Similar to humans, marmosets have a wide range of behaviors. As non-human primates are our closet relatives and so similar to us, we can learn a lot from them. We can gain new knowledge about their behavior just by watching them. Some non-human primates can be great models for human activity because they live in families, just like humans. Non-human primates have always sparked our curiosity and imagination. Through observing primates we are given the chance to learn about ourselves and about behavior that is more typical of primates than other mammals.
Some questions that are commonly asked in regards to observing marmosets that you might want to use are:
Primates, including the common marmoset, can be found in a variety of different social groupings:
For the most part common marmosets practice cooperative breeding, which is characterized by the participation in infant care or other activities by other members of the group besides the mother. They usually live in multi male & multi female groups that resemble an extended family. Cooperative breeders usually specialize in habitats in which the amount of energy it takes to raise infants is very high. Twins weigh, on average, 23% of their mother's body weight. The mother also gets pregnant again within 2-3 weeks of giving birth. Therefore, the mother is usually pregnant and lactating at the same time, both activities consume much of the mother's energy.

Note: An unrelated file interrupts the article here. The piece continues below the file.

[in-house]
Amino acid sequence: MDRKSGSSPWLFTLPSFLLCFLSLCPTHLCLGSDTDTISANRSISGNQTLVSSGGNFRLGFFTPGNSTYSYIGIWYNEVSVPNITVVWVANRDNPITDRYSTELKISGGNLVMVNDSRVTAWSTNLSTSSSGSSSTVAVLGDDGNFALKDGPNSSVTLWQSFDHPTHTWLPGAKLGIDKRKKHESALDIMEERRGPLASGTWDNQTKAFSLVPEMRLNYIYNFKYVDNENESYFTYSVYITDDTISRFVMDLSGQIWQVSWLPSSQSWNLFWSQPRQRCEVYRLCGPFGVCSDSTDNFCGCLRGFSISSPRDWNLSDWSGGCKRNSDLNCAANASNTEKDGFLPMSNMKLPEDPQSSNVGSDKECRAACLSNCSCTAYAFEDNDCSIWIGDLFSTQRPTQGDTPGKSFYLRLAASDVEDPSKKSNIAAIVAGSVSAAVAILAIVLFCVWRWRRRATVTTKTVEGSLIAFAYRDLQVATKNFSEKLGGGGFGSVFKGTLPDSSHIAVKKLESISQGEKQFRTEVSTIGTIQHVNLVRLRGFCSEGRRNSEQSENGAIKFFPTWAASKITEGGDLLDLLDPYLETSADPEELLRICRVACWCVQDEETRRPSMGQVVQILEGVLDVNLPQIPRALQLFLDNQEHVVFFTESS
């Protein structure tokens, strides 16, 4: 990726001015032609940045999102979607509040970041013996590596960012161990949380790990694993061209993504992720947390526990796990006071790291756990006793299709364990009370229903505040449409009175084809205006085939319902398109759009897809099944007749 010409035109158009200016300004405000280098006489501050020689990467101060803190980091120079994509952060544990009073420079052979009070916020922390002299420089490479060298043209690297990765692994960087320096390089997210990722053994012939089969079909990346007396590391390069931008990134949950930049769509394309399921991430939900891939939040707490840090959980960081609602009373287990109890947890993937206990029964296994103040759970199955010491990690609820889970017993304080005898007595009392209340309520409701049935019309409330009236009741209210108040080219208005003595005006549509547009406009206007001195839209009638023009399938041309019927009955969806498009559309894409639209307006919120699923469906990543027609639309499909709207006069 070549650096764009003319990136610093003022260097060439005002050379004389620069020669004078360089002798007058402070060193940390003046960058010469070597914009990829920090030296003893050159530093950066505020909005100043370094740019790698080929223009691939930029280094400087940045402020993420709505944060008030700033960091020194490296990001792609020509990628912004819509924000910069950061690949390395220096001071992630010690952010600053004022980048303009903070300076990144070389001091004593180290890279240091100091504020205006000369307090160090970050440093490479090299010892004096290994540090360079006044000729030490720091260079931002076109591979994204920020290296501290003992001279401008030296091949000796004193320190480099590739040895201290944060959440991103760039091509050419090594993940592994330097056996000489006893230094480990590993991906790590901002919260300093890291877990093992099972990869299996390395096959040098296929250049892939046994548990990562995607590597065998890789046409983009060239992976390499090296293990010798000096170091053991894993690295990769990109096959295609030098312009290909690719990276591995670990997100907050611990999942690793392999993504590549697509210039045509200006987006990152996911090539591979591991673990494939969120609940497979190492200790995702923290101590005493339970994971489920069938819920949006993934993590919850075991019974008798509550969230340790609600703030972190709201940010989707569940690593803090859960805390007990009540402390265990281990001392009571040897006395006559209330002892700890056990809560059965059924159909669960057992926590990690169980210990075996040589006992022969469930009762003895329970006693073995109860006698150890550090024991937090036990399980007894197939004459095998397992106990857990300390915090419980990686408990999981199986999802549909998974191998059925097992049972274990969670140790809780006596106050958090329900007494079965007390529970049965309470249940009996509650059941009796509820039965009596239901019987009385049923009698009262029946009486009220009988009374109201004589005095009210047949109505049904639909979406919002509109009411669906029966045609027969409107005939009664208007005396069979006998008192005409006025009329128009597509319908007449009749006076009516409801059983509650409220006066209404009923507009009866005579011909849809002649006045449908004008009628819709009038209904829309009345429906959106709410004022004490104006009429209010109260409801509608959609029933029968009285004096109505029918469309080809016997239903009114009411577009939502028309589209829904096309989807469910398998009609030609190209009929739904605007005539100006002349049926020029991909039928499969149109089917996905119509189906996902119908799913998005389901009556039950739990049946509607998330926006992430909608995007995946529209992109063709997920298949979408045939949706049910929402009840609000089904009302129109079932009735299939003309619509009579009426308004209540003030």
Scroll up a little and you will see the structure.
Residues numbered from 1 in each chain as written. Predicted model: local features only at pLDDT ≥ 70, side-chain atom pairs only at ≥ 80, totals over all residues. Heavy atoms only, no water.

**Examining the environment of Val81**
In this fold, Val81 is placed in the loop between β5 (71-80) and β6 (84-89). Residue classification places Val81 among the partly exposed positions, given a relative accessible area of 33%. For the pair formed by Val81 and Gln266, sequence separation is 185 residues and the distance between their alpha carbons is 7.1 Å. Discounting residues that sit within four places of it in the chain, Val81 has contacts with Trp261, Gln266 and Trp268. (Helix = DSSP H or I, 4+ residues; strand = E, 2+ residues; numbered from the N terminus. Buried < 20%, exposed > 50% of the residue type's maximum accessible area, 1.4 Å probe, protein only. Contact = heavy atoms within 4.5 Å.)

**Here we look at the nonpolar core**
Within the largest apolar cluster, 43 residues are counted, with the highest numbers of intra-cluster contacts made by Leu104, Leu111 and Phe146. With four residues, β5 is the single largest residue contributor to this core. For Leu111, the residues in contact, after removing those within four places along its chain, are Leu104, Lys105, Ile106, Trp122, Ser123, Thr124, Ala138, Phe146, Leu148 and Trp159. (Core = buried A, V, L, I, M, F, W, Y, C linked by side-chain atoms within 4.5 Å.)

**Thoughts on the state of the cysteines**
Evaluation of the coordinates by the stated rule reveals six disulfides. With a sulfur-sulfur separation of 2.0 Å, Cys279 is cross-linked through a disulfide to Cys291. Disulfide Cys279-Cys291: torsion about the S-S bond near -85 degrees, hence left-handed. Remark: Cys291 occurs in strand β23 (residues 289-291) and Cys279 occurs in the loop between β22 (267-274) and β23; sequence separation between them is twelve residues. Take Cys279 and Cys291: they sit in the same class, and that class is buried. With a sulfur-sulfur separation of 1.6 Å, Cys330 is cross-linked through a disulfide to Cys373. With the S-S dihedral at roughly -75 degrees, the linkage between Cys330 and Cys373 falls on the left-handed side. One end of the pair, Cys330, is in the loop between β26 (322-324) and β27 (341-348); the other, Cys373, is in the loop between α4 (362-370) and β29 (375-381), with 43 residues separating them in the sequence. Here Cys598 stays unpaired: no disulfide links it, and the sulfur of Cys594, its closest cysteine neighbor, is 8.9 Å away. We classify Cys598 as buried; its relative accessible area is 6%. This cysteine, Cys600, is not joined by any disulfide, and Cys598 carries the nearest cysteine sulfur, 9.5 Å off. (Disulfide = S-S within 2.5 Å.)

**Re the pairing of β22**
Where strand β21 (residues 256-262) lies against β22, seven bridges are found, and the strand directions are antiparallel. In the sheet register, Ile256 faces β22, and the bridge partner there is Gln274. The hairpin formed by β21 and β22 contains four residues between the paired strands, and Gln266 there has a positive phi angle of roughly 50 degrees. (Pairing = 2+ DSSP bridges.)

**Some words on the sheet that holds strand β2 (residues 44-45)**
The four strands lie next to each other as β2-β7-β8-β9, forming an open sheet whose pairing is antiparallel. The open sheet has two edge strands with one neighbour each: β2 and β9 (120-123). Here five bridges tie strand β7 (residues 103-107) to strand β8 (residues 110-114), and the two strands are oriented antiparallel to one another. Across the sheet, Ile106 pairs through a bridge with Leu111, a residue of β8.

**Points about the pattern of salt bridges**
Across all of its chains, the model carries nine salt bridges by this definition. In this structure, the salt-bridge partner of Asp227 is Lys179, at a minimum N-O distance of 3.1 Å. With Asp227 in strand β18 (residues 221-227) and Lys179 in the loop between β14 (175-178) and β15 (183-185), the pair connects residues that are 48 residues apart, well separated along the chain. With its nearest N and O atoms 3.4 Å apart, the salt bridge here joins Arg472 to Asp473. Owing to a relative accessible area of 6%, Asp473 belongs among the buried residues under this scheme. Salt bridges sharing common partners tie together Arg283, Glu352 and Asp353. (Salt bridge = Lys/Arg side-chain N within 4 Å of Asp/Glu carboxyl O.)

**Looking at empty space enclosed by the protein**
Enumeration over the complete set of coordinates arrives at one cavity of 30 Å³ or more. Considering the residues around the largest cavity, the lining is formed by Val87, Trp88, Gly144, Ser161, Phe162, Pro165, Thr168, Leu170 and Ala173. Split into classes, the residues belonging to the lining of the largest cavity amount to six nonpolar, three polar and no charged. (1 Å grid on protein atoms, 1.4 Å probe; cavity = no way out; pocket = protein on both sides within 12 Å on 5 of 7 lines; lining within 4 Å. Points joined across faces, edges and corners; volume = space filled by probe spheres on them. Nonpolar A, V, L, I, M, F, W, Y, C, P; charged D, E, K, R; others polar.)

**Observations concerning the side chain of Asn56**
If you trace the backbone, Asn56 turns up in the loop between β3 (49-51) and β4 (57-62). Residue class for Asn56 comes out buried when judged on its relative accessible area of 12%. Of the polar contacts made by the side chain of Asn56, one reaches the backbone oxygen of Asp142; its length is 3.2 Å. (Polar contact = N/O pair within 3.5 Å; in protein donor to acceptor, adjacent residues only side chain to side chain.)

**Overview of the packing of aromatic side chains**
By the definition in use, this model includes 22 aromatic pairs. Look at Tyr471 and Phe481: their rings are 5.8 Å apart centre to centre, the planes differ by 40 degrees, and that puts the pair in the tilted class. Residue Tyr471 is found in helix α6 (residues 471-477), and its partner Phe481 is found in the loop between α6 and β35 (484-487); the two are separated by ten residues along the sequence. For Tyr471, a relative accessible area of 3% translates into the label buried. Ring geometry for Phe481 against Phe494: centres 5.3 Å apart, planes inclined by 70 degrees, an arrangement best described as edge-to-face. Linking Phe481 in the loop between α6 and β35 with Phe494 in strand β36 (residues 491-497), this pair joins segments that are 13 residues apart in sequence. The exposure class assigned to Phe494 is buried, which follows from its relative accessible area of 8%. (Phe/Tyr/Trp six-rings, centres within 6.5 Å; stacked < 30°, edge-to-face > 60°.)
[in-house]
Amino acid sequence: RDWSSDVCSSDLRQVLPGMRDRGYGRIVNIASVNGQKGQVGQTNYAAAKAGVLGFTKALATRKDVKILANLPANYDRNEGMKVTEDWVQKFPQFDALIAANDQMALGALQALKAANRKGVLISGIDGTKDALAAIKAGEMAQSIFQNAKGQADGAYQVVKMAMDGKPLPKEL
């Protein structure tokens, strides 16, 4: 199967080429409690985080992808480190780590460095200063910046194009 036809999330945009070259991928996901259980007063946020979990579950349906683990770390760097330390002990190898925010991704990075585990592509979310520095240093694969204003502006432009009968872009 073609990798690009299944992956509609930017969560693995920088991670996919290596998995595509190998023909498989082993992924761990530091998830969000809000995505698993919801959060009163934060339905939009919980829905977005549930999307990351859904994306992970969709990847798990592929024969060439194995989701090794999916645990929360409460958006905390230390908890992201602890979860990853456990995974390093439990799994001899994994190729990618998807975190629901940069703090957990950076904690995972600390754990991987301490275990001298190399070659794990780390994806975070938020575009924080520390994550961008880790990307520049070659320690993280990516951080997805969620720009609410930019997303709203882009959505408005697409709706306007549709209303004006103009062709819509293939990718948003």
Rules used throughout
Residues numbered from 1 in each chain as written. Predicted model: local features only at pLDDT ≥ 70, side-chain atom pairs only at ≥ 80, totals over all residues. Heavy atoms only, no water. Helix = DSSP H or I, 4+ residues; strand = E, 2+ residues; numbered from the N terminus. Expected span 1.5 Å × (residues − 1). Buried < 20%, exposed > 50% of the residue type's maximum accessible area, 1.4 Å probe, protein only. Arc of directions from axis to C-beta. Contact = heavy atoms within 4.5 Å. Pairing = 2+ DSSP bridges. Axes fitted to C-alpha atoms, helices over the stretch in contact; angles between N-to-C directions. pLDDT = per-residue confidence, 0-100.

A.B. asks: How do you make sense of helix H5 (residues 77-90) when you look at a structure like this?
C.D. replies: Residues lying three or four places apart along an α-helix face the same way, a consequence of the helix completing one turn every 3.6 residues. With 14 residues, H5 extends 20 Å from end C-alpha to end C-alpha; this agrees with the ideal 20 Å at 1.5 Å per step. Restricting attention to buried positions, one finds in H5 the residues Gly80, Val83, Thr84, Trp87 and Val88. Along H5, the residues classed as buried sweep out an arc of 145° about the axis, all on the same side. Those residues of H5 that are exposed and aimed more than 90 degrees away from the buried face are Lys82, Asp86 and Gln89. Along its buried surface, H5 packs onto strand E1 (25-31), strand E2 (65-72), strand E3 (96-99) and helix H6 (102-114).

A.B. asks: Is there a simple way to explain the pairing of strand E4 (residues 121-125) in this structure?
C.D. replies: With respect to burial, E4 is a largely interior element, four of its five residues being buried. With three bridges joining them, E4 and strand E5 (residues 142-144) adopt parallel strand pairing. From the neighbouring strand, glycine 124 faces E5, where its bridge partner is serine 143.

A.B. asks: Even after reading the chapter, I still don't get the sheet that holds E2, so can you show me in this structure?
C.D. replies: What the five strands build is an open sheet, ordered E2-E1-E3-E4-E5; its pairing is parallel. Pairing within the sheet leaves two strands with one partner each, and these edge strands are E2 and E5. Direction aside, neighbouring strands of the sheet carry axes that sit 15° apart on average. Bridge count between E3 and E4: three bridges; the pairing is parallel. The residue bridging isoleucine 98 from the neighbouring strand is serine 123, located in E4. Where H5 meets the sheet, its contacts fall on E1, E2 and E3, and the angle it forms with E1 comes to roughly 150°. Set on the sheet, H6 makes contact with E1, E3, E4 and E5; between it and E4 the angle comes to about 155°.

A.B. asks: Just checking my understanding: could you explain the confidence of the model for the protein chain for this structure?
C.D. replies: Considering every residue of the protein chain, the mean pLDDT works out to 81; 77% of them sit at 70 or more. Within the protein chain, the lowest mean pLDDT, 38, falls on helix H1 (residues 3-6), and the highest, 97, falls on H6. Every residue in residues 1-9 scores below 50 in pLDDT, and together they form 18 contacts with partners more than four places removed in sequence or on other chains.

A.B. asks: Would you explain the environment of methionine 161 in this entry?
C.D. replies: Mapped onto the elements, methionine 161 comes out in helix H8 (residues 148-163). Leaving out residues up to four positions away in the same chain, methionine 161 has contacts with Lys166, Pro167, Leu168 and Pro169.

The common marmoset displays a fascinating range of behaviors, many of which you can observe on the Callicam.
An ethogram (a graph or chart of behavior) is used to compare certain behaviors that can be observed while watching the marmosets.
Text and design by Lissa Pabst.
Development of this web page was supported by a grant from the Wisconsin Advanced Telecommunications Foundation, the University of Wisconsin (Extension & Systems), and grants number RR00167 and number RR15311, National Primate Centers Program, National Center for Research Resources, National Institutes of Health.
Page last modified: July 29, 2003
Maintained by the WPRC Library
Send questions, comments, and suggestions about this site to Larry Jacobsen
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